Wild garlic and homemade ricotta pasta

Wild garlic and ricotta pastaWe’re really lucky here because the wild garlic a friend gave us has taken and produces masses of wonderful tasting leaves & flowers. It’s also called ‘Ramsons’ and its latin name is Allium Ursinum. As you latin scholars will know, ursinum refers to bears who like the bulbs.
Wild garlicWild garlic and ricotta give a twist to simple pasta. Here I’ve cooked pasta and a simple tomato sauce and garnished it with home-made ricotta flavoured with wild garlic.
This is a very simple recipe which will look and taste great without hours of effort.

You’ll need to make the ricotta a few hours ahead of eating it. The rest of the recipe is very quick to assemble.

The quantities serve about 4: here’s how to make it…

Wild garlic and homemade ricotta pasta recipe



2.27l (4 pint container) whole milk (you can use semi-skimmed, the yield will be slightly less and the taste not so pronounced)
100ml distilled white vinegar or white wine vinegar You can also use lemon juice)
Salt to taste


Put your milk into a large (because you’ll need to stir) heavy bottomed (because you need to heat without burning) pan.

Heat the milk on a medium heat until just before it boils (75-90C). Stir gently to make sure the milk doesn’t catch on the bottom of the pan. Do make sure the milk is properly heated. The right temperature helps to ‘denature’ or break down the proteins in the milk so they can curdle more easily.

Take off the heat and add the vinegar or lemon juice and stir so it’s fully mixed. The milk will ‘split’.

Stop stirring and leave to cool. Once cool strain the contents into a container through a sieve, colander, cheesecloth or muslin. You’ll want to allow this to drain for an hour or so.

The solids that are left is your ricotta, add salt to taste. You’ll have around 250-500g depending on the protein content of the milk.

The liquid that is left (whey) can be used in baking biscuits or bread.

Wild garlic and ricottaTomato sauce

I kept this simple because I didn’t want to take away from the taste of the ricotta and wild garlic.


1 large onion finely chopped
2 x 400g tins of chopped tomatoes (or use 1.5kg fresh tomatoes skinned seeded and chopped)
A few dried tomatoes, chopped if large (I used a handful of our own dehydrated cherry tomatoes)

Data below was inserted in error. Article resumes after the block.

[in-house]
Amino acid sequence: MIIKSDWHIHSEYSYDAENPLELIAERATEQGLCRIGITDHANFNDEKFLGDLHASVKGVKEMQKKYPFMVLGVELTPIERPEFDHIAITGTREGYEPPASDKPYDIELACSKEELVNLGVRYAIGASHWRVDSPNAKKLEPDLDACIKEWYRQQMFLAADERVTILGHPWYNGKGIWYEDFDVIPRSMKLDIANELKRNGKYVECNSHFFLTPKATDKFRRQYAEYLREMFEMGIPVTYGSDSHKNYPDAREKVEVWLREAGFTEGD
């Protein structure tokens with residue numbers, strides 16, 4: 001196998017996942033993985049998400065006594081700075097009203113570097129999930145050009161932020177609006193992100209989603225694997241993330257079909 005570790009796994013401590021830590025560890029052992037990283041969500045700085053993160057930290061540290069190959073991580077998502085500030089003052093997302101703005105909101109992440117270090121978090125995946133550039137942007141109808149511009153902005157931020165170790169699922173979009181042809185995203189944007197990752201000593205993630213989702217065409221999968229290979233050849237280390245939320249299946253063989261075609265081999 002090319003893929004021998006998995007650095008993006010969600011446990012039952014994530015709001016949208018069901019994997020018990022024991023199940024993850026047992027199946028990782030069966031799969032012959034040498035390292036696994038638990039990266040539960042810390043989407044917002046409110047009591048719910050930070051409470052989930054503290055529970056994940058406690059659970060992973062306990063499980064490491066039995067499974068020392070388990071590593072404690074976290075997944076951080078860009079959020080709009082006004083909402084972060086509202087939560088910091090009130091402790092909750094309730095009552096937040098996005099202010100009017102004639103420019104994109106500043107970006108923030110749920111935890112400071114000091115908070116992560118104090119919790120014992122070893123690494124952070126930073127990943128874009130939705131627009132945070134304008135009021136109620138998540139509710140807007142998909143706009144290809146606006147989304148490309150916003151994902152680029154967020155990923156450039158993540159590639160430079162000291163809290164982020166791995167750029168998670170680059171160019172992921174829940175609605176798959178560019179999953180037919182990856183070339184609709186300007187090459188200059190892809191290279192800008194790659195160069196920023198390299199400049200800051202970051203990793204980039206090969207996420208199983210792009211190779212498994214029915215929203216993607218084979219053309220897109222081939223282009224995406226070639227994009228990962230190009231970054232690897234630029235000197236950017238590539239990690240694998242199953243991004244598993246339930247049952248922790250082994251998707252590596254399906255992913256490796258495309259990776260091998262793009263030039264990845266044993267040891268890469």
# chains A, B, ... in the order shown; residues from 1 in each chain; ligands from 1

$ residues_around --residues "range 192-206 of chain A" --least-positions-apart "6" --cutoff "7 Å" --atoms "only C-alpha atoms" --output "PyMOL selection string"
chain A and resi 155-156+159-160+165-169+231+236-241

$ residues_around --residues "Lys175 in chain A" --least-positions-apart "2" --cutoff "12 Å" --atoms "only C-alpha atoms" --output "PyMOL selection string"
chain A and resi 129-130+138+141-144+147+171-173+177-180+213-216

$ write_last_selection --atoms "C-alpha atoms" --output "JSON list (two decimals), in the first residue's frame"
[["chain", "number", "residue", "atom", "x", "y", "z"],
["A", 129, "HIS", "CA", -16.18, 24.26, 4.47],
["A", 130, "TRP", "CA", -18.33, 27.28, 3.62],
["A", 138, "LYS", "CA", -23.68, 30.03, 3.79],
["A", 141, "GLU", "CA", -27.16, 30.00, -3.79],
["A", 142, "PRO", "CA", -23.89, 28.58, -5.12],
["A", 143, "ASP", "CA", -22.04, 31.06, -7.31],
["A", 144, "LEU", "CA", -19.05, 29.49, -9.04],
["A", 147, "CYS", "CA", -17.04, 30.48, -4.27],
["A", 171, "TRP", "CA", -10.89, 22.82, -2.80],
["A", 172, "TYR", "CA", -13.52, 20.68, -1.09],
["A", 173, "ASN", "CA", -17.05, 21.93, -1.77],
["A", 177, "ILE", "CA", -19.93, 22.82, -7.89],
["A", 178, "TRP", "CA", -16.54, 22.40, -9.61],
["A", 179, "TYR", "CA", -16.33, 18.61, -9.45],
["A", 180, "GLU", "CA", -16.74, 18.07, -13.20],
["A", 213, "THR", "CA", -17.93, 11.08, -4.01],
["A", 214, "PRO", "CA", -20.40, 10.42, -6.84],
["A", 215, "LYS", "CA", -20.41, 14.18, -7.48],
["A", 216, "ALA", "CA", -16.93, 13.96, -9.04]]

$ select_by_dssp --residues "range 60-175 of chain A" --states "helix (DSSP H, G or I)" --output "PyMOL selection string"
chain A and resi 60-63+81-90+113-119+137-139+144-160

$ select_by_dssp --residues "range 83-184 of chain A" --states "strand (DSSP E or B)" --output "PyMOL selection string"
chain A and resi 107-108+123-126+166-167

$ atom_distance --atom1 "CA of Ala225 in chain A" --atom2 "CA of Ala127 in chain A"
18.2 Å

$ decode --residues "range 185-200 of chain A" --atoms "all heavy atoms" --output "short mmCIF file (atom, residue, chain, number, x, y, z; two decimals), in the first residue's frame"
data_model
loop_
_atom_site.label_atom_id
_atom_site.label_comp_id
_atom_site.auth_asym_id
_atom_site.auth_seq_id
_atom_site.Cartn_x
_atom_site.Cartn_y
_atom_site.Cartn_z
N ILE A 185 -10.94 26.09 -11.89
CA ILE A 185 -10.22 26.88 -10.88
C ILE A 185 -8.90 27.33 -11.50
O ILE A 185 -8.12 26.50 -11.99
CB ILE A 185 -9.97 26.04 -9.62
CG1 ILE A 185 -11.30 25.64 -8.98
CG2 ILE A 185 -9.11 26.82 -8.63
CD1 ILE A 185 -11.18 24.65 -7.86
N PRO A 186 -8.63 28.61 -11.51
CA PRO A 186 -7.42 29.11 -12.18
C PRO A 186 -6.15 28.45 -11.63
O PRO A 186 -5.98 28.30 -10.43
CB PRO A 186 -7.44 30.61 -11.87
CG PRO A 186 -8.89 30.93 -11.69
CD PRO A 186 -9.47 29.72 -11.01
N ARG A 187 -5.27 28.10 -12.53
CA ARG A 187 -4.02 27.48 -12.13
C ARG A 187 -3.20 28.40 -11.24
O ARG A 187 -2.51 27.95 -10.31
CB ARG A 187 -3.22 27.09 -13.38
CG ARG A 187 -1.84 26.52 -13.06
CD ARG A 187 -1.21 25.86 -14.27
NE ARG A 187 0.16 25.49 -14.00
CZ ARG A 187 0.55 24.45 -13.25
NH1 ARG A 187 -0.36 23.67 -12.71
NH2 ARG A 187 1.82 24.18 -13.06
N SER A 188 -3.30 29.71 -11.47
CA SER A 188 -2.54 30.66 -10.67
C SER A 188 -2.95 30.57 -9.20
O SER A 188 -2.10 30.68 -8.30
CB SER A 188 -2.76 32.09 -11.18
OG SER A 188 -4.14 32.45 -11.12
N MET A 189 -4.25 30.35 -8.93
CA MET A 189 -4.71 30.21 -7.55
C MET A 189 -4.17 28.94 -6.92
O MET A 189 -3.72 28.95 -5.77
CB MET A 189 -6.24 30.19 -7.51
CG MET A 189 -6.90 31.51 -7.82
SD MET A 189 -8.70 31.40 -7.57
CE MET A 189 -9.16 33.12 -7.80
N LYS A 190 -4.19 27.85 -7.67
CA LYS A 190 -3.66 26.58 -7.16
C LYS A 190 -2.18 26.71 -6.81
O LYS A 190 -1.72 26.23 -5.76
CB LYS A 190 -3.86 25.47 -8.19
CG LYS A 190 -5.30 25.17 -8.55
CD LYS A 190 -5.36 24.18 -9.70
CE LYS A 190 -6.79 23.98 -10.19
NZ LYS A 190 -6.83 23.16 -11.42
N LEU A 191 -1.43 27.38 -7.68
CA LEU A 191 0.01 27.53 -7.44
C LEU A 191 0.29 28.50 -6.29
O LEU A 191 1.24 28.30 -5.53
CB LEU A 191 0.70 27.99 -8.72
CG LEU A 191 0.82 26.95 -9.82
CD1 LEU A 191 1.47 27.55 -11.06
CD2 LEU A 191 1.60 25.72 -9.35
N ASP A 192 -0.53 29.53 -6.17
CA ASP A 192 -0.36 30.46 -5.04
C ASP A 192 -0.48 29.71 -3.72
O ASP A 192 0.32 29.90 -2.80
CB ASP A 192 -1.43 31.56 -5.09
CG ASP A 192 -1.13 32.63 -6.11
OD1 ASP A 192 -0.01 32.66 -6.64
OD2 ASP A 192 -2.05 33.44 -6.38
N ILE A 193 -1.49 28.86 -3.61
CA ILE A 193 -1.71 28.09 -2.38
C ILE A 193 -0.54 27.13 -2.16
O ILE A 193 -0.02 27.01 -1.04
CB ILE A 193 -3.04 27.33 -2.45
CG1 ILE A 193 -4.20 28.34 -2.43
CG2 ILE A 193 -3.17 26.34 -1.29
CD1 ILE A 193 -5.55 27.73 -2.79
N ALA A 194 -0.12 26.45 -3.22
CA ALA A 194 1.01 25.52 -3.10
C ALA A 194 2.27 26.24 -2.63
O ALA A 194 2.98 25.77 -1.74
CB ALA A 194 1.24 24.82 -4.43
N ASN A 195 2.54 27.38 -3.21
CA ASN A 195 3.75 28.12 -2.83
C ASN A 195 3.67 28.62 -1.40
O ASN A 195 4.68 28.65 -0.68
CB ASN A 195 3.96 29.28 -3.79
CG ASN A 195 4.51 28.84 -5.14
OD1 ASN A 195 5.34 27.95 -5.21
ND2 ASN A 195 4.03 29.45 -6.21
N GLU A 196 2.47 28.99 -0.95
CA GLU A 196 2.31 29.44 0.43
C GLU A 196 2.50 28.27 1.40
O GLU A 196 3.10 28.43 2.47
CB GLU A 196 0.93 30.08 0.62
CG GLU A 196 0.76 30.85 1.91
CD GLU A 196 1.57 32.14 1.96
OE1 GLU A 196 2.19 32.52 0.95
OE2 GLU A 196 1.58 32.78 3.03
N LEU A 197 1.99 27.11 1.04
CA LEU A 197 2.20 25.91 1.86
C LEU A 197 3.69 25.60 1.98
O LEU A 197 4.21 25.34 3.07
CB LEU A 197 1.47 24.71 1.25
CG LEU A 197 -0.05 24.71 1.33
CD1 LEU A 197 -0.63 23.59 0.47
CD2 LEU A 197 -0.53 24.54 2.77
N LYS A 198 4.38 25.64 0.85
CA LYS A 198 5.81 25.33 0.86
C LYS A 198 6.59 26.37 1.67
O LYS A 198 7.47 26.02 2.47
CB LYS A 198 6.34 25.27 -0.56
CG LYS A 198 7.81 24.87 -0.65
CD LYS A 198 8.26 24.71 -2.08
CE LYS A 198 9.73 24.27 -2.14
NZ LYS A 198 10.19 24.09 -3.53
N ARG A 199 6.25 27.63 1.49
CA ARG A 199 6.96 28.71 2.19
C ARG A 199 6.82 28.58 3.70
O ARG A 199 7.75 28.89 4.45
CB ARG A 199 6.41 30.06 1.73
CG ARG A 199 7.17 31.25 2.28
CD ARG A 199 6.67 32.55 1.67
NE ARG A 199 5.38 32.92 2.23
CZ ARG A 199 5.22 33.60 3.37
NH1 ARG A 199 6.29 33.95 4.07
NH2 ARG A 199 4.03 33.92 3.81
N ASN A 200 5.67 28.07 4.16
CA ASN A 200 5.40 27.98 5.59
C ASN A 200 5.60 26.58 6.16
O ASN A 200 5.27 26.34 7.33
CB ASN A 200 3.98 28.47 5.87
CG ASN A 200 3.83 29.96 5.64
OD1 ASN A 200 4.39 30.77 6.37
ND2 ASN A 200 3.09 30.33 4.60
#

Gently fry the onion in some oilve oil until soft and transparent.

Add the tomatoes & dried tomatoes stir & simmer until thickened to a light coating consistency – about 30-45 minutes. Season to taste with salt & pepper.

Wild garlic ricotta


Ricotta (made above)
A small bunch of wild garlic (Allium ursinum). Please make sure you have identified the wild garlic properly! If in doubt use a good field guide or ask someone who you trust that knows what to look for.


Slice the wild garlic finely into thin slivers about 1-2cm long.
Fold through the ricotta gently.
Check seasoning and alter if needed.

Putting it all together

Cook the pasta of your choice until al dente, strain and return to the pan.

Tip in the tomato sauce and mix gently until the pasta is fully coated.

Arrange the pasta artistically or rustically in serving bowls.

Garnish with a generous dollop of wild garlic ricotta.

Buon appetito!

My recipe first appeared in Permaculture Magazine here. I’ve since amended some of the copy after experimentation. DO visit the site because there’s loads of useful information for people interested in sustainable living and real food. Click here or on the logo in the right hand column.

And please have a look at my Sustainable Foraging Guidelines for tips how to forage responsibly. 



4 responses to “Wild garlic and homemade ricotta pasta”

  1. […] plump sardines 150ml fresh ricotta (see here how to make your own) 50g of dried breadcrumbs handful of wild garlic leaves, finely chopped large […]

  2. Jenny Jam Jar Avatar

    Word of advice! Wild garlic is at it best BEFORE flowering, much of the flavour having deteriorated, once the flowers appear. I learnt this to my cost last year, when I waited too long before making wild garlic pesto. The lack of flavour left me in no doubt- this is definitely NOT a myth!

  3. […] leek (aka three-cornered garlic). It’s so called because of the cross-section of the leaf. Wild garlic (allium ursinum, ramsons) has a broader, flatter leaf and is only just poking out of the ground […]

  4. […] goat’s milk, so it’s good for the lactose intolerant. Since I had a method for making ricotta, I thought I could make a close replica of brocciu. And I have now found a source of organic […]